Publishing “The Magic Barrel” in 1954, Bernard Malamud was at the beginning of his career, and near the beginning of a brief and remarkable period in the history of Jewish-American writing. For perhaps a decade, from the mid-1950s to the mid1960s, the American literary imagination seemed to have been captured by a series of books by and about Jews. In 1953 Saul Bellow published The Adventures of Augie March, a story of tragicomic misadventures set in Chicago’s Jewish immigrant milieu. In 1957 Malamud brought out his second novel, The Assistant, the tale of an impoverished Brooklyn grocer who becomes a kind of Jewish every man. 1959 saw the literary debut of Philip Roth, whose Goodbye, Columbus was the account of a doomed love affair between two Jewish young people divided by social class.
Goodbye Columbus won the prestigious National Book Award for fiction in 1960, as Bellow’s Augie March had done in 1954, and as Malamud’s collection of . . . Read More
Malamud’s “The Magic Barrel” was first published by the Partisan Review in 1954 and reprinted as the title story in Malamud’s first volume of short fiction in 1958. The period between those two dates was an eventful time in American history. In 1954 the United States Supreme Court unanimously rejected the concept of segregation in the case of Brown v. Board of Education, which found that the practice of maintaining separate classrooms or separate schools for black and white students was unconstitutional.
In the same year Senator Joseph McCarthy was censured by the Senate for having unjustly accused hundreds of Americans of being communists. In 1957 the Soviet Union launched Sputnik, the first satellite to successfully orbit the earth, sparking concern that the Soviets would take control of space.
While the text of ”The Magic Barrel” is almost entirely free of topical or historical references that might allow readers to . . . Read More
Point of View
Point of view is a term that describes who tells a story, or through whose eyes we see the events of a narrative. The point of view in Malamud’s “The Magic Barrel” is third person limited. In the third person limited point of view, the narrator is not a character in the story, but someone outside of it who refers to the characters as “he,” “she,” and “they.” This outside narrator, however, is not omniscient, but is limited to the perceptions of one of the characters in the story. The narrator of the story views the events of the story through the eyes of Leo Finkle even though it is not Leo telling the story.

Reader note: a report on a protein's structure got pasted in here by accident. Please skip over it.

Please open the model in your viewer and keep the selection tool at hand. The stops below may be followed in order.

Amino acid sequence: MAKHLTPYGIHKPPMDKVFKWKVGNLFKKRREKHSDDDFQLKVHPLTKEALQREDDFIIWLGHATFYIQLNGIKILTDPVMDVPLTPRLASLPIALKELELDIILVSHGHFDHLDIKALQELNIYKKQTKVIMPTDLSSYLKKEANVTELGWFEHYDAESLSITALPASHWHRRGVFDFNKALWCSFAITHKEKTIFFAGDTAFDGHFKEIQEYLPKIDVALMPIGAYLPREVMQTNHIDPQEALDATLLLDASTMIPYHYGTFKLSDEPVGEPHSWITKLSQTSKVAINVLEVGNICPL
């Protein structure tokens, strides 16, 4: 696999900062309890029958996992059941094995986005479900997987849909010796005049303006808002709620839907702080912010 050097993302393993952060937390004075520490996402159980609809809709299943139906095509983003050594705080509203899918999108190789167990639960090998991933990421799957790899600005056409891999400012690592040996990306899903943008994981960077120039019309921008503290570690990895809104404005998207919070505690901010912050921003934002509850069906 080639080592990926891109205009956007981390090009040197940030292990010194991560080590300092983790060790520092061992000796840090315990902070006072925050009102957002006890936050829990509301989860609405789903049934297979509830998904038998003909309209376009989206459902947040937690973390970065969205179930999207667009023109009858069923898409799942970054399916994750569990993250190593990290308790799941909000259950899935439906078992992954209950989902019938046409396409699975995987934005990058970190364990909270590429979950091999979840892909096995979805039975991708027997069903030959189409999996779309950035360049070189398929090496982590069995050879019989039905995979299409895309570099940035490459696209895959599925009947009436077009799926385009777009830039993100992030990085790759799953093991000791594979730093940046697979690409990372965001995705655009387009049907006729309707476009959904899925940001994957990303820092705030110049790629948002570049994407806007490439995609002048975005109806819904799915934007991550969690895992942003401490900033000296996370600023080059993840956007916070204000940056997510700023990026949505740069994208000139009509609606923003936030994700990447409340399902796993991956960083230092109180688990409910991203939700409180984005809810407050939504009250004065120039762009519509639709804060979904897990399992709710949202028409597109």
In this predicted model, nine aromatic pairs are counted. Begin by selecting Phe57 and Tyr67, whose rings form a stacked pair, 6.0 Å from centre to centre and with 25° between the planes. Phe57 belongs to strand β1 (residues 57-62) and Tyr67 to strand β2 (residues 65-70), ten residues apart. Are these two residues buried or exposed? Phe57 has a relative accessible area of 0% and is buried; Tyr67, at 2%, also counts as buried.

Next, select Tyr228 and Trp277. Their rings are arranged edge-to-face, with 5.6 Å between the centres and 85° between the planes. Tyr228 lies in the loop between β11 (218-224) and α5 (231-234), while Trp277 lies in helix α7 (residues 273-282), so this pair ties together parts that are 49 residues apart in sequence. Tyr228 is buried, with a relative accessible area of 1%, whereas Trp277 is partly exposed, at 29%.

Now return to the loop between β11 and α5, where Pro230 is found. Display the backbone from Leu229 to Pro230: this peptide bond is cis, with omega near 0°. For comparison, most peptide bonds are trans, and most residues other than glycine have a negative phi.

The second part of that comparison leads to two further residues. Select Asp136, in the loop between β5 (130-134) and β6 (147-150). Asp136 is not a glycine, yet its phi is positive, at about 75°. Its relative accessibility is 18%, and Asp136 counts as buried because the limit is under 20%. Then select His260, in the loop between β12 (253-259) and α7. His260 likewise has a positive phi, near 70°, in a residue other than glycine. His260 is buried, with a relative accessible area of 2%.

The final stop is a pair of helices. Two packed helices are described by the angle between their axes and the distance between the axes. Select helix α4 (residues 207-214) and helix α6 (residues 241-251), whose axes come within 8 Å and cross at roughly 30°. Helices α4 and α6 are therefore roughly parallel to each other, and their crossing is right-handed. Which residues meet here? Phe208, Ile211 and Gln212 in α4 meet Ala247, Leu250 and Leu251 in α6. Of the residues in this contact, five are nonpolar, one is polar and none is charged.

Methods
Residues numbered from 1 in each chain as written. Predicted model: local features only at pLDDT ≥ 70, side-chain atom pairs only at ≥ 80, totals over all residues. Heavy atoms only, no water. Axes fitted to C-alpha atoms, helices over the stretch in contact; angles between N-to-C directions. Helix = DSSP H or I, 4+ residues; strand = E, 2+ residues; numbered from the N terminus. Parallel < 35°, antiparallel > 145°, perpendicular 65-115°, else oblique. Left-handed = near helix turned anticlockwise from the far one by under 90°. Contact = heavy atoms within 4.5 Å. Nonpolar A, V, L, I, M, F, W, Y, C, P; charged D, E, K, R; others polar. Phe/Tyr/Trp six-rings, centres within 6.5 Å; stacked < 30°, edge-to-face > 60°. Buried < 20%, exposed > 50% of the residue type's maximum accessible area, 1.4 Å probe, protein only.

Symbolism is a literary device that uses an action, a person, a thing, or an image to stand for something else. In Malamud’s ”The Magic Barrel” the coming of spring plays an important symbolic . . . Read More
Malamud’s Leo Finkle is a character trying to figure out who he really is. Having spent the last six years of his life deep in study for ordination as a rabbi, he is an isolated and passionless man, disconnected from human emotion. When Lily Hirschorn asks him how he came to discover his calling as a rabbi, Leo responds with embarrassment: ”I am not a talented religious person…. I think … that I came to God, not because I loved him, but because I did not.” In other words, Leo hopes that by becoming a rabbi he might learn to love himself and the people around him. Leo is in despair after his conversation with Lily because “.. .he saw himself for the first time as he truly was—unloved and loveless.”
As he realizes the truth about himself, he becomes desperate to change. Leo determines to reform himself and renew his life. Leo continues to search for a bride, but without the . . . Read More
Leo Finkle has spent the last six years studying to become a rabbi at New York’s Yeshivah University. Because he believes that he will have a better chance of getting employment with a congregation if he is married, Leo consults a professional matchmaker. Leo is a cold person; he comes to realize that ”he did not love God so well as he might, because he had not loved man.” When Finkle falls in love with Salzman’s daughter, Stella, the rabbinical student must confront his own emotional failings.
Lily Hirschorn is introduced to Leo Finkle, the rabbinical student, by Pinye Salzman, the matchmaker. She is a schoolteacher, comes from a good family, converses on many topics, and Leo considers her “not unpretty.” It soon becomes clear, however, that the match between them will not work.
Leo consults . . . Read More